A Uist tour boat operator has helped to free 10 pilot whales during a dramatic and exhausting rescue mission in Lochboisdale, South Uist.
With the help of local fish farm workers and a marine diver, David Steele, who owns and operates Uist Sea Tours, liberated 10 pilot whales after a group of 17 had swum into a precarious stretch of water in Lochboisdale.
In what was an arduous salvation operation carried out across three days, rescuers pulled the whales by their tails enabling the majority of the cetaceans to swim to safety by Saturday evening.
Recounting the rescue, David told the Free Press: “I got a call on Thursday evening saying that there was a pod of something in the bay, so I launched the boat and went out to have a look.
“It was at the south side of the Lochboisdale Marina – which is very rocky and very shallow.
“I knew straight away that it was a group of pilot whales and one of them seemed to be behaving differently to the rest – so I tried phoning the relevant people but I didn’t get very far.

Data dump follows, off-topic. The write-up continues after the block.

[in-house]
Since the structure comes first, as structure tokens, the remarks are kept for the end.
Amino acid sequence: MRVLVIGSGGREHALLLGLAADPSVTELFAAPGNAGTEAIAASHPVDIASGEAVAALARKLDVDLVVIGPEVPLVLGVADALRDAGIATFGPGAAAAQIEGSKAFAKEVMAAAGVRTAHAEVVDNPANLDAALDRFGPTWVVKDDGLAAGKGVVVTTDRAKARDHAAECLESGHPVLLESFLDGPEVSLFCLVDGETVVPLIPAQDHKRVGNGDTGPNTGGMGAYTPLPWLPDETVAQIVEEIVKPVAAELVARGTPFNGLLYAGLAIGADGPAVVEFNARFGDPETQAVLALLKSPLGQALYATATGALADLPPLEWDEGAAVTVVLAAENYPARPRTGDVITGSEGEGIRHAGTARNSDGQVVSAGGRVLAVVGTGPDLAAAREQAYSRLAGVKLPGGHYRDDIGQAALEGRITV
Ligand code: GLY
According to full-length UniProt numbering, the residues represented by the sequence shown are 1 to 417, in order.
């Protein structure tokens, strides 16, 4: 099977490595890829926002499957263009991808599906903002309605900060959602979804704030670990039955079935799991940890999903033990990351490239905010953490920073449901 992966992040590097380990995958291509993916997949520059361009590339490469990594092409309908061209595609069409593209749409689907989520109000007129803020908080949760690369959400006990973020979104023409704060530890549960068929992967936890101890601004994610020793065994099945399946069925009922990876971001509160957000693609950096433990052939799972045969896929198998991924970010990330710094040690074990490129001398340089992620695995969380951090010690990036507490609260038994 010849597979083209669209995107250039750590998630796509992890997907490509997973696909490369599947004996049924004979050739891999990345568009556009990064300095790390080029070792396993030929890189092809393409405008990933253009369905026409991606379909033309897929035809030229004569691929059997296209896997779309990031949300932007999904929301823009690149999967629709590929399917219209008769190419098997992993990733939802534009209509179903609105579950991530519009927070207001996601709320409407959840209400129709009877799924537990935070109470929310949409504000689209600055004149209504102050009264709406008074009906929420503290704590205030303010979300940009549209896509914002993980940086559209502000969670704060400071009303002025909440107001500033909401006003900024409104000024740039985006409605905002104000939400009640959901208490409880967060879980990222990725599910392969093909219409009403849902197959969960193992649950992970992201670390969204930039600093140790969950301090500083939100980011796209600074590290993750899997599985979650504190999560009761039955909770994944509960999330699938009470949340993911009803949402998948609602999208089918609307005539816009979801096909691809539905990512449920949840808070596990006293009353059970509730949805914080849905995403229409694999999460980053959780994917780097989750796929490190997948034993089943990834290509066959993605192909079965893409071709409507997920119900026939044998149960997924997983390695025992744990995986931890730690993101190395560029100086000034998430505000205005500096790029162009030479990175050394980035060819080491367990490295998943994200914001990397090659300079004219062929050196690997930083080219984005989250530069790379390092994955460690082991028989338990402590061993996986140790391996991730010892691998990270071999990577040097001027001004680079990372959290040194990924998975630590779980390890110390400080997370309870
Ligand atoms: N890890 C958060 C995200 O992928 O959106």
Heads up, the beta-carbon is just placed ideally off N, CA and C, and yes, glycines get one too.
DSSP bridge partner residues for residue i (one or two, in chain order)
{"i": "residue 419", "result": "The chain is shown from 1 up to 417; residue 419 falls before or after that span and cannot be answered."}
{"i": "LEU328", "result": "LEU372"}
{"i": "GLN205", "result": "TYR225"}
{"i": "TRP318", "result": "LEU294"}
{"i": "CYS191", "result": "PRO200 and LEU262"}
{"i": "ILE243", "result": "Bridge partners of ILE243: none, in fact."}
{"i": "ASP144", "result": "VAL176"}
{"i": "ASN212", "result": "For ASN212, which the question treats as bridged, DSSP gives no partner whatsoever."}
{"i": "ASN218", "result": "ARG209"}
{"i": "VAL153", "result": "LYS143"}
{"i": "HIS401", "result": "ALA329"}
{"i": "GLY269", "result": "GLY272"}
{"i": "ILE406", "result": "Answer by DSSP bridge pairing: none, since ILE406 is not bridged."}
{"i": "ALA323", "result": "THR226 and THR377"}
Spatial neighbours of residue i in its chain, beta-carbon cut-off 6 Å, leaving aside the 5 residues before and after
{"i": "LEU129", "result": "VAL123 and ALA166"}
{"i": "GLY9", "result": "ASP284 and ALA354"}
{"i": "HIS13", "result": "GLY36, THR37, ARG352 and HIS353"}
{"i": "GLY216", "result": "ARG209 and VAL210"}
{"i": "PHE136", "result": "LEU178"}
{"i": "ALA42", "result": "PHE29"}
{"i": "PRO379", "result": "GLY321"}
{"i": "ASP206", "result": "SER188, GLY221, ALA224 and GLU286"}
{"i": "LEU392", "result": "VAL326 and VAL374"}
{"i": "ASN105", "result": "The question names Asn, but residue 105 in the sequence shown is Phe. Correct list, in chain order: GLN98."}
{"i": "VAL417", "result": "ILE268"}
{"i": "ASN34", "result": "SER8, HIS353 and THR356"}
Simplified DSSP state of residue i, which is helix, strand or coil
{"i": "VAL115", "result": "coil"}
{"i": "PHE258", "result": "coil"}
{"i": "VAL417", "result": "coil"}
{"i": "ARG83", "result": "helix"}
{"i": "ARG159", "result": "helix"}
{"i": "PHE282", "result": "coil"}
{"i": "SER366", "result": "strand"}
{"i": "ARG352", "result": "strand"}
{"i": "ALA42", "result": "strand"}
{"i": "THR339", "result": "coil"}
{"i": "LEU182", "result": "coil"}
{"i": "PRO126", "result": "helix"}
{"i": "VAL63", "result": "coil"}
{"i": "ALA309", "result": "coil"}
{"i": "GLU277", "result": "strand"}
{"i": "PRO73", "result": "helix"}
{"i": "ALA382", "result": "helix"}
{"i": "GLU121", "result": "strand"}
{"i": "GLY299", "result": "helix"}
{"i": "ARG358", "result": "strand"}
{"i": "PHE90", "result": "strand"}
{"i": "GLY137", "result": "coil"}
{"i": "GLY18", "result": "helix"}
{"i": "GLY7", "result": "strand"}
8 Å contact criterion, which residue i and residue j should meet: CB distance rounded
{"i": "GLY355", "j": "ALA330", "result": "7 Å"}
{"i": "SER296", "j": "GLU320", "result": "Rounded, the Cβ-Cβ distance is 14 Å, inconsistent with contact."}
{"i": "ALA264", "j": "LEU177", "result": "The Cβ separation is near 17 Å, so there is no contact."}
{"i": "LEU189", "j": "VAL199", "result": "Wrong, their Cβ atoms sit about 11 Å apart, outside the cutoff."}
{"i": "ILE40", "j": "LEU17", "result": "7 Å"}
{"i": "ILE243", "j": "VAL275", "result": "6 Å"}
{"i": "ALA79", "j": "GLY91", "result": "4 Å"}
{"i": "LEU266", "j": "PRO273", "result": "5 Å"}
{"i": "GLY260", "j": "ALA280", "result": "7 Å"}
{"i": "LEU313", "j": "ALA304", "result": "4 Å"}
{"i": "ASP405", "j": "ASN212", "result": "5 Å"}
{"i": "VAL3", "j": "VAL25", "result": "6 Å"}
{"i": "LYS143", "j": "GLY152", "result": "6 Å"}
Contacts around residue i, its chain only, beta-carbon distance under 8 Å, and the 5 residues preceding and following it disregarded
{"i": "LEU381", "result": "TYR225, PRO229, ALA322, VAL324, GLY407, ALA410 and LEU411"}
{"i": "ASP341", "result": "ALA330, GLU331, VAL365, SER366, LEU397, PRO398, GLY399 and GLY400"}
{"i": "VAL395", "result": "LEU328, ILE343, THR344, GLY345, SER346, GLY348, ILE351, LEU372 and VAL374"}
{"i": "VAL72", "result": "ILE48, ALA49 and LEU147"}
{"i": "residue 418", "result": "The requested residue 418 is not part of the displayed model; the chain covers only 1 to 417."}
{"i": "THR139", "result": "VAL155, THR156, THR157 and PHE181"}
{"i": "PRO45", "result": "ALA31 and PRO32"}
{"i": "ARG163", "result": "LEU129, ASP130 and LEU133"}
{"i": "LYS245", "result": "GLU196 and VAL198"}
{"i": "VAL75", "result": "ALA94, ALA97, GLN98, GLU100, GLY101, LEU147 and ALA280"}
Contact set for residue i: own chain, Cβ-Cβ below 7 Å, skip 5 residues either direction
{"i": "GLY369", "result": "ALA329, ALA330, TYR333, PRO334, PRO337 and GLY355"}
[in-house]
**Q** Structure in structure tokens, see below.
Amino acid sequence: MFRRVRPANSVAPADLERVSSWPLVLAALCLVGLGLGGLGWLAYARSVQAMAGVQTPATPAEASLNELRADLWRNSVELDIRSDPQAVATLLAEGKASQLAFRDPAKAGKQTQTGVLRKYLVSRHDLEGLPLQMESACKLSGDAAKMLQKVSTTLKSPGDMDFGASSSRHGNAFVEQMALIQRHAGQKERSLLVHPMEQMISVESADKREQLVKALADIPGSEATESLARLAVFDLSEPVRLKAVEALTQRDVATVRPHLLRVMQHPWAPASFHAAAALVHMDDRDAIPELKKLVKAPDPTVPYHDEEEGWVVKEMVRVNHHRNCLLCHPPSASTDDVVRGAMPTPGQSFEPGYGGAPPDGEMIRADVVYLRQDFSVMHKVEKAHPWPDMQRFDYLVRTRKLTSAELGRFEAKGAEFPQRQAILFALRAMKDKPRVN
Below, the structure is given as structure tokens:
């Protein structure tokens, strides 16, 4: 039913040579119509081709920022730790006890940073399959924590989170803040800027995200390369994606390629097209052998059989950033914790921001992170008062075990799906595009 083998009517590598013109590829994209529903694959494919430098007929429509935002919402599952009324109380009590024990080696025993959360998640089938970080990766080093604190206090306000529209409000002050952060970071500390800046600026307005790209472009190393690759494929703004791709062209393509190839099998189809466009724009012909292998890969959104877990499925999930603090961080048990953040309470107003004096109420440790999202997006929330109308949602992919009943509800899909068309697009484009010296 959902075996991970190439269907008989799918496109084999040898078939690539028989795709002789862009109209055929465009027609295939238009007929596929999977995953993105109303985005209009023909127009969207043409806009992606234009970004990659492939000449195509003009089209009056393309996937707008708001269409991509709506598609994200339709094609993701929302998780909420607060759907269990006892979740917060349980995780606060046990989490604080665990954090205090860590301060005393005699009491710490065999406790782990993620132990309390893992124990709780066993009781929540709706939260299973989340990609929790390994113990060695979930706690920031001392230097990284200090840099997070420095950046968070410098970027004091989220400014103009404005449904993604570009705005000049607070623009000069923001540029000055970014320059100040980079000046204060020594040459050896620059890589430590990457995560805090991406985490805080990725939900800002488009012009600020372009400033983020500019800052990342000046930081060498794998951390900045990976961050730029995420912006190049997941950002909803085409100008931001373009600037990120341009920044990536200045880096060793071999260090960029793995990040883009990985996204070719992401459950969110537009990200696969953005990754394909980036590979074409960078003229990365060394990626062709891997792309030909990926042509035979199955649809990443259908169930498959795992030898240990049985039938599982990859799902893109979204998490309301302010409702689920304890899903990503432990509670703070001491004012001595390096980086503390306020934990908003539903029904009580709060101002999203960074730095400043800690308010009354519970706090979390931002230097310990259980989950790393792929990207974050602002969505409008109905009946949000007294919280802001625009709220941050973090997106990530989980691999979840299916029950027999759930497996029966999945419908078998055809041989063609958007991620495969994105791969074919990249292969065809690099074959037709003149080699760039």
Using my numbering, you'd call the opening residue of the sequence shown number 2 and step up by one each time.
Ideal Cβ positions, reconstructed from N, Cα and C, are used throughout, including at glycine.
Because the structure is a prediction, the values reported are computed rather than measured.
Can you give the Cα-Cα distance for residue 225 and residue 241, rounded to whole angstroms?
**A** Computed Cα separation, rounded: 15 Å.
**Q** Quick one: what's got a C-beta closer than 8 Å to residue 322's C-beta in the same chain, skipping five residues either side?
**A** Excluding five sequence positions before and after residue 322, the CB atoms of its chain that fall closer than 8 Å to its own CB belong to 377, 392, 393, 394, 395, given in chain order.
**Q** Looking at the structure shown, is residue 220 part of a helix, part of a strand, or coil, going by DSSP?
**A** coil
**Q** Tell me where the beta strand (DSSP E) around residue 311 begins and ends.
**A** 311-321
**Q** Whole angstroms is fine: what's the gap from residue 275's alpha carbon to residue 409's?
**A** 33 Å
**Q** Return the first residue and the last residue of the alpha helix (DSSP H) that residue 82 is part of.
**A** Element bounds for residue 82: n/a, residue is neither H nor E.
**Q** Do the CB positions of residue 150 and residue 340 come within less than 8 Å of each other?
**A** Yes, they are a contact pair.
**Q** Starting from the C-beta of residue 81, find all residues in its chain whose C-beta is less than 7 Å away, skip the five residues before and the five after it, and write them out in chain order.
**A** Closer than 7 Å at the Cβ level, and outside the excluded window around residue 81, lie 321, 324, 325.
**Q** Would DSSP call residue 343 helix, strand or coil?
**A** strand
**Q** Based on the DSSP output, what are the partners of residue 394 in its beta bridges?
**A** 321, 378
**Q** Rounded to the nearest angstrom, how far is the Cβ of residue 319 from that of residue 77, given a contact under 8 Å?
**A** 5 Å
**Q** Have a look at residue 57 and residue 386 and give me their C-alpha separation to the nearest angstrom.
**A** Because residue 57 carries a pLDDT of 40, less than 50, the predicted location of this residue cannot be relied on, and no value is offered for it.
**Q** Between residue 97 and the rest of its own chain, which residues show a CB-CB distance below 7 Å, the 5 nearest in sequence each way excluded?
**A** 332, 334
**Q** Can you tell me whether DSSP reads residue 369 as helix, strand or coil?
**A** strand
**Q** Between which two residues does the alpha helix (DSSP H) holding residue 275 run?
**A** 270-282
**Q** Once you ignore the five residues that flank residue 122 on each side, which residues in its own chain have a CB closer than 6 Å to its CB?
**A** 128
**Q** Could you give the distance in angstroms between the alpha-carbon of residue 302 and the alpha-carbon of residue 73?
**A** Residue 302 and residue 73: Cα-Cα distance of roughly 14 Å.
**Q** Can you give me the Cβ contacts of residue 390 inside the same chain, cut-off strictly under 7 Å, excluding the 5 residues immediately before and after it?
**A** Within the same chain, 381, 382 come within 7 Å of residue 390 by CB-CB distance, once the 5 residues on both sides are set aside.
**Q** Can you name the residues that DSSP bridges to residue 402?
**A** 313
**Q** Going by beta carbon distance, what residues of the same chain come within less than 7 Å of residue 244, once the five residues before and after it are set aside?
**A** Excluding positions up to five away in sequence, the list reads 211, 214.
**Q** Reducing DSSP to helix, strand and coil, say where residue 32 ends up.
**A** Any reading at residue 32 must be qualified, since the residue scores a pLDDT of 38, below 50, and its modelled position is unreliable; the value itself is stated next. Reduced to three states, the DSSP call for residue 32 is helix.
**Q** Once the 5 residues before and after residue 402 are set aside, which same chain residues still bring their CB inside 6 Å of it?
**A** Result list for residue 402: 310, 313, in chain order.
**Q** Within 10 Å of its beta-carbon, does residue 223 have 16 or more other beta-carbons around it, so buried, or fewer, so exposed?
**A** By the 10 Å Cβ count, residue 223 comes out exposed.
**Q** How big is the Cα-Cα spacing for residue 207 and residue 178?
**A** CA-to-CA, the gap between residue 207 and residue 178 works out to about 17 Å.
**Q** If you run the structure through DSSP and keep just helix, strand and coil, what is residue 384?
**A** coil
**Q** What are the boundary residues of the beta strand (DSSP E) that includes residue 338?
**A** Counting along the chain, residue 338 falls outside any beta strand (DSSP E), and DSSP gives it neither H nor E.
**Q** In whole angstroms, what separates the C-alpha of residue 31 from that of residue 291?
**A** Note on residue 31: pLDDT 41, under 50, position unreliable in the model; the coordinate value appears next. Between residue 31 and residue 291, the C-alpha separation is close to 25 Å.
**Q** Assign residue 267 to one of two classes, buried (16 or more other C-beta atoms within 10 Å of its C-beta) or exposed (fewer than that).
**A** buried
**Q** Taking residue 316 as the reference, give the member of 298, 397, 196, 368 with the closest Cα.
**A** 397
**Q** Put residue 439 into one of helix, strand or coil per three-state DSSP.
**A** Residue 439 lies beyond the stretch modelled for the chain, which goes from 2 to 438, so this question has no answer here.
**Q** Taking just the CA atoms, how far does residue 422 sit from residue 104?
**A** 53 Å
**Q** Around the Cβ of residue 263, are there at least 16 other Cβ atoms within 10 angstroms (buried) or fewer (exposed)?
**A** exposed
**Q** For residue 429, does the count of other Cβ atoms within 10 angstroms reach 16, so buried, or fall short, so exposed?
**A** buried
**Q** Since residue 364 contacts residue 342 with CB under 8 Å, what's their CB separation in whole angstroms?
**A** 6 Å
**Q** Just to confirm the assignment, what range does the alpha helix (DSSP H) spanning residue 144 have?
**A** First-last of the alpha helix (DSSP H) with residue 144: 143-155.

“I knew what was coming the next day!
“The next day, me and my sister went looking for them and my sister found them all stranded on the shoreline.”
With an hour remaining before the tide came in, David realised action needed to be taken.
“I called the Mowi fish farm in Lochboisdale and they sent a boat round with a couple of boys on it. I jumped on that and we started pulling the whales off the shoreline.
“We thought we had only pulled eight off but it was difficult to count – it turned out that we had actually pulled 10 off.”
The next day David went out looking for them but noticed that the whales had started heading towards a dangerous area.
At that point, David and the rescuers had been joined by a member of the charity British Divers Marine Life Rescue.
“We went out and we had a boy from BDMLR with us, we started to pull the whales by the tails again using our hands,” said David.
“There was one whale on its own and we managed to escort that one out.
“We brought in another boat and between the two we managed to herd them out the Loch.
“We took them right away to the Minch and they seemed to be swimming really good then.
“The fish farm was really good they provided a boat and a few bodies for us.”
He added: “I was only too glad that I was able to phone people up and help the whales and do something positive.
“We got told that there is only a five per cent survival rate when this happens – and we saved 10 out of 17 – I am absolutely buzzing from it all.”